Just because you stay home to celebrate the Fourth of July does not mean you are safe from injuries. Backyard barbecues are full of opportunities for kids to sustain horrific injuries, especially when parents are not paying attention.

Some of the most popular barbecue mishaps parents should watch for this year include:

  • Grill injuries: Unattended grills and quick hands can leave children with severe burns. Never walk away from an open frill leave a grill, especially when children are present. Keep your kids far from the grill when someone is cooking or have a designated person to supervise the kids if you are the grill master of the party.
  • Food poisoning: Raw meats and food that has been sitting out all day can make kids sick- but they don’t care! Keep an eye out for your kids around uncooked meats by the grill to make sure they are not touching or sampling. If you see food that has been sitting out in the hot sun or for an extended period of time, throw it out or store it away before kids have a chance to try it.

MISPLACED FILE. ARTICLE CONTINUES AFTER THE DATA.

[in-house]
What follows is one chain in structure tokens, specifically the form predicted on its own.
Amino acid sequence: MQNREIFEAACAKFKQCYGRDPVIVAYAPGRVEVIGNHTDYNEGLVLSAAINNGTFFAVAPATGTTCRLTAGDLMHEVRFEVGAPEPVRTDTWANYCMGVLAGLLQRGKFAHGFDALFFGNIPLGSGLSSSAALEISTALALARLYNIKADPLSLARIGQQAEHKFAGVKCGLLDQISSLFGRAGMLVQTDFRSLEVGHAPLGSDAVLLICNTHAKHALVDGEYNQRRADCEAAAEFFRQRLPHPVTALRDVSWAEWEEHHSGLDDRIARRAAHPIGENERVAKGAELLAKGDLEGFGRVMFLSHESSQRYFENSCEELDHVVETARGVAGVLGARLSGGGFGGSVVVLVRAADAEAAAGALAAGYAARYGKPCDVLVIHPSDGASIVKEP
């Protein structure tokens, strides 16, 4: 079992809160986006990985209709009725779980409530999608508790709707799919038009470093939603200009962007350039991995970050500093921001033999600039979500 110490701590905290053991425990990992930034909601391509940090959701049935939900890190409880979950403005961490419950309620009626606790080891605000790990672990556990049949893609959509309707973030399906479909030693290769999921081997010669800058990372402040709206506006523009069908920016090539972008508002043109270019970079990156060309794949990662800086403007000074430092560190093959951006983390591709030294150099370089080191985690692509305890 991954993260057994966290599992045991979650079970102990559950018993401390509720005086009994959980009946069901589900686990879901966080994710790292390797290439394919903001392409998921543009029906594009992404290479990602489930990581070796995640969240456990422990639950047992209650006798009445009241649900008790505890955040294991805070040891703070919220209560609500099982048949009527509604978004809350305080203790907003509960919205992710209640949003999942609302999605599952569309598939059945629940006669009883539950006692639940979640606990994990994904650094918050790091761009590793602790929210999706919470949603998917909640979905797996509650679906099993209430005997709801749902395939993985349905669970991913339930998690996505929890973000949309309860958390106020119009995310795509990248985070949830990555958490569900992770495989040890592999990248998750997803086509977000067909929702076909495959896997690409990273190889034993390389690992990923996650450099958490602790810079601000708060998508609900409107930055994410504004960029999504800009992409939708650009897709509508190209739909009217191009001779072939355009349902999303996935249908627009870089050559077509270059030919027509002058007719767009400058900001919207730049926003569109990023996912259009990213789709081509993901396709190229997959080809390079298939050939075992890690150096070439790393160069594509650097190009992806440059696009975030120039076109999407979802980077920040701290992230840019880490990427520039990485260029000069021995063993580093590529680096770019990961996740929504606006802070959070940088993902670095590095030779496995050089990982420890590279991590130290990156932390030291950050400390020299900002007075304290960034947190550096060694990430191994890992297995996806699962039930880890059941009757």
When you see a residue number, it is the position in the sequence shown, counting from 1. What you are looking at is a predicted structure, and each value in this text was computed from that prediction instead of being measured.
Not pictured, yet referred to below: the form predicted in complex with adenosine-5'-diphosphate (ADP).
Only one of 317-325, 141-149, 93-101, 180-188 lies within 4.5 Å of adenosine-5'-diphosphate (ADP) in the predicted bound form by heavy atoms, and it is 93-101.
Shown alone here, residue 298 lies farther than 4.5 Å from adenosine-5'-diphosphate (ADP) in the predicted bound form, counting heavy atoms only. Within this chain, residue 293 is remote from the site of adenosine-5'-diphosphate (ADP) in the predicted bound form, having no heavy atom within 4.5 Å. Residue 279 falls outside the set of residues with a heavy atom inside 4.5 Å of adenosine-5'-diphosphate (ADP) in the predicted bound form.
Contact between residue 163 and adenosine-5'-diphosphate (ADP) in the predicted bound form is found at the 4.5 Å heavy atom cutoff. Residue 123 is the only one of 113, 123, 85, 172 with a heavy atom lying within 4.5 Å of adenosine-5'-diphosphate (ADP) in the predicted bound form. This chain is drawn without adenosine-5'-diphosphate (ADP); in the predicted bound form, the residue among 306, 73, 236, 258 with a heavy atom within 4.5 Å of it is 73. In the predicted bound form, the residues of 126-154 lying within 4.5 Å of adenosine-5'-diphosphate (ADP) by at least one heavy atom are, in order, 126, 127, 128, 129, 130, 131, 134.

• House fires: Kids can easily start a fire playing with the grill, with fireworks, or other flammable materials when unsupervised at a party. Parents can reduce this risk by keeping all flammable materials out of reach and guarding any appliances (stoves, grills) that produce flames and heat.
  • Heat stroke: Young children generally will not stop playing if they feel too hot. Parents should be looking for signs of dehydration and overheating throughout the day. Check in with your kids and mandate cool-down breaks to reduce their risk of harmful heat illnesses.
  • Sports injuries: Backyard sports games always pose a risk of injuries for kids. Make sure your kids know how to play safely and wear protective gear when playing contact sports.

Connecticut Accident Attorneys

As community safety advocates, our team at Jacobs & Wallace wishes everyone a safe and happy Fourth of July weekend! Plan ahead, stay alert and don’t take a risk with your family’s health this holiday.

If you or a loved has been injured in an accident due to the negligent acts of someone else, you may be eligible to receive compensation for any damages suffered. Contact our expert team of personal injury attorneys at Jacobs & Wallace for a free consultation to explore your options.